WARNING: This story contains disturbing details about a double murder, mentions of suicide
Crown prosecutors came out strong Wednesday, stating that the arguments Andrew Berry’s lawyer has presented so far are simply complaints – not legal reasons to order a new trial.
After a six-month-long trial, a jury convicted Berry in 2019 of second-degree murder for stabbing his two daughters, six-year-old Chloe and four-year-old Aubrey to death in his Oak Bay apartment on Christmas Day, 2017.
Berry was sentenced to life in prison with no eligibility for parole for 22 years. He is in the midst of an appeal to both his conviction and sentence, seeking a new trial or a reduced period before parole eligibility.
Crown’s submission Wednesday began with respect to Berry’s lawyer Tim Russel’s assertions that the trial judge made a mistake in her assessment on whether first responders, nurses and Berry’s RCMP sister were in a position of authority when Berry made his key statements of “kill me” to them – a distinction which would have affected that statement’s credibility.
Prosecutors argued the judge reviewed the evidence, surrounding circumstances, and properly assessed that all three people didn’t play a role in the investigation that they hadn’t been acting in concert with police, therefore the “kill me” statements were properly admitted as evidence.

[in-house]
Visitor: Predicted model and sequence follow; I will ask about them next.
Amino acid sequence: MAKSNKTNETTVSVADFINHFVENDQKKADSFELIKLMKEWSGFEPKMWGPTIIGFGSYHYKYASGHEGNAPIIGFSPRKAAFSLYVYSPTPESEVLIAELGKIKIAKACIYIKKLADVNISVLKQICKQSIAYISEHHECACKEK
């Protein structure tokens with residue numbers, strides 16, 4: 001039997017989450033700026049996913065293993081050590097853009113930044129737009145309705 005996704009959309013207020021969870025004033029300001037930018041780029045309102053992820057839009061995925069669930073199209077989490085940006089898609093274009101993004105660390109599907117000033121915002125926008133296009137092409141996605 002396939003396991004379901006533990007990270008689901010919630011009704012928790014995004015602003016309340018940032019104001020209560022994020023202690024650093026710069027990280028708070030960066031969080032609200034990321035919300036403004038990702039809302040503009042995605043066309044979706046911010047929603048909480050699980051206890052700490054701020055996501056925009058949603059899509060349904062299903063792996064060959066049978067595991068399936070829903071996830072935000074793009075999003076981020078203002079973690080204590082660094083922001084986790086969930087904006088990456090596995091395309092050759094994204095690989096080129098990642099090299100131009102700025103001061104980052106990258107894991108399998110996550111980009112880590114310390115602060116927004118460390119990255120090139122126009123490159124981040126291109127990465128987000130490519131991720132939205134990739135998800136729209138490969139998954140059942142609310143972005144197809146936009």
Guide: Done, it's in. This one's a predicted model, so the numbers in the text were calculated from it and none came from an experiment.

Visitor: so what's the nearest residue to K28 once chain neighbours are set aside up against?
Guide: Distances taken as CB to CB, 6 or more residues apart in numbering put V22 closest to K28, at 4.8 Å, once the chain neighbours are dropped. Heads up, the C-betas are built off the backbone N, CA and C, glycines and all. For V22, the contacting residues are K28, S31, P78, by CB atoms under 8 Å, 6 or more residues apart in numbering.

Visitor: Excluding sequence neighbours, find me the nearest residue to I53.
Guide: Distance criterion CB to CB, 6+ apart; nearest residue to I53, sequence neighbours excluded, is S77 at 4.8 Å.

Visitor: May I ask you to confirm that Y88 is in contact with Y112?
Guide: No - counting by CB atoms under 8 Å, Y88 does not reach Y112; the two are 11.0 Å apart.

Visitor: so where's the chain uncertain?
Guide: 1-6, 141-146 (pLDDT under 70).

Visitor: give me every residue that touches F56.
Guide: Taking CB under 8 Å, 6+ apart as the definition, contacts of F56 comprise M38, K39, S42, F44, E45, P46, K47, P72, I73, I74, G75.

“Even if this court finds that the judge made a legal error in first responders and voir dire is required, the respondent relies that the error was harmless because the judge would have found that the statements were voluntary,” said Crown prosecutor Megan Street.
Street went on to say that Berry simply is upset with the trial judge’s ruling that allowed the critical statements be heard by the jury.
Saying that Berry’s lawyer is “resurrecting his failed argument from trial.”
Street went on to argue that Berry’s comments were voluntary and made with a sound mind.
Later in their arguments, Street began to tackle the assertion by Berry’s lawyer’s that although Berry was not officially detained, he thought he was.
Street said there is no evidence that supports that: no hard entry by police, no guns drawn, no handcuffs, and that during trial, the defence didn’t mention the concept of detention or attempt to seek clarification.
For both issues – Berry’s statements to first responders, and his possible perceived psychological detention – Street argued that the facts and evidence show otherwise, so regardless the outcome by the judge and jury, would have been the same.
“Deference is owed to the findings of fact. If the court finds that the judge wrongly, the court relies on submissions made,” said Street.
The three justices presiding over the appeal did struggle with the “imperfect” language of the trial judge saying “it would have been nice” if she had been more clear in her rulings to avoid confusion.
Wednesday afternoon Crown prosecutor Clare Jennings dealt with Charter arguments, saying there is no law supporting the allegation that Berry’s liberties were infringed while he was in hospital and police were investigating him as a possible murder suspect
Jennings did concede that Berry’s constitutional right to counsel while he was detained under the Mental Health Act was breached, but his counsel would only be able to review his detention under the Mental Health Act.
As for the chartered right to silence which Russel argued Berry had and therefore couldn’t be used against him in trial by Crown, Jennings argued isn’t correct.
Jennings said that when someone is detained under the Mental Health Act, there is no right to silence.
The Crown will continue their arguments Thursday.
Prosecutors say Andrew Berry’s defence blames judge for own failures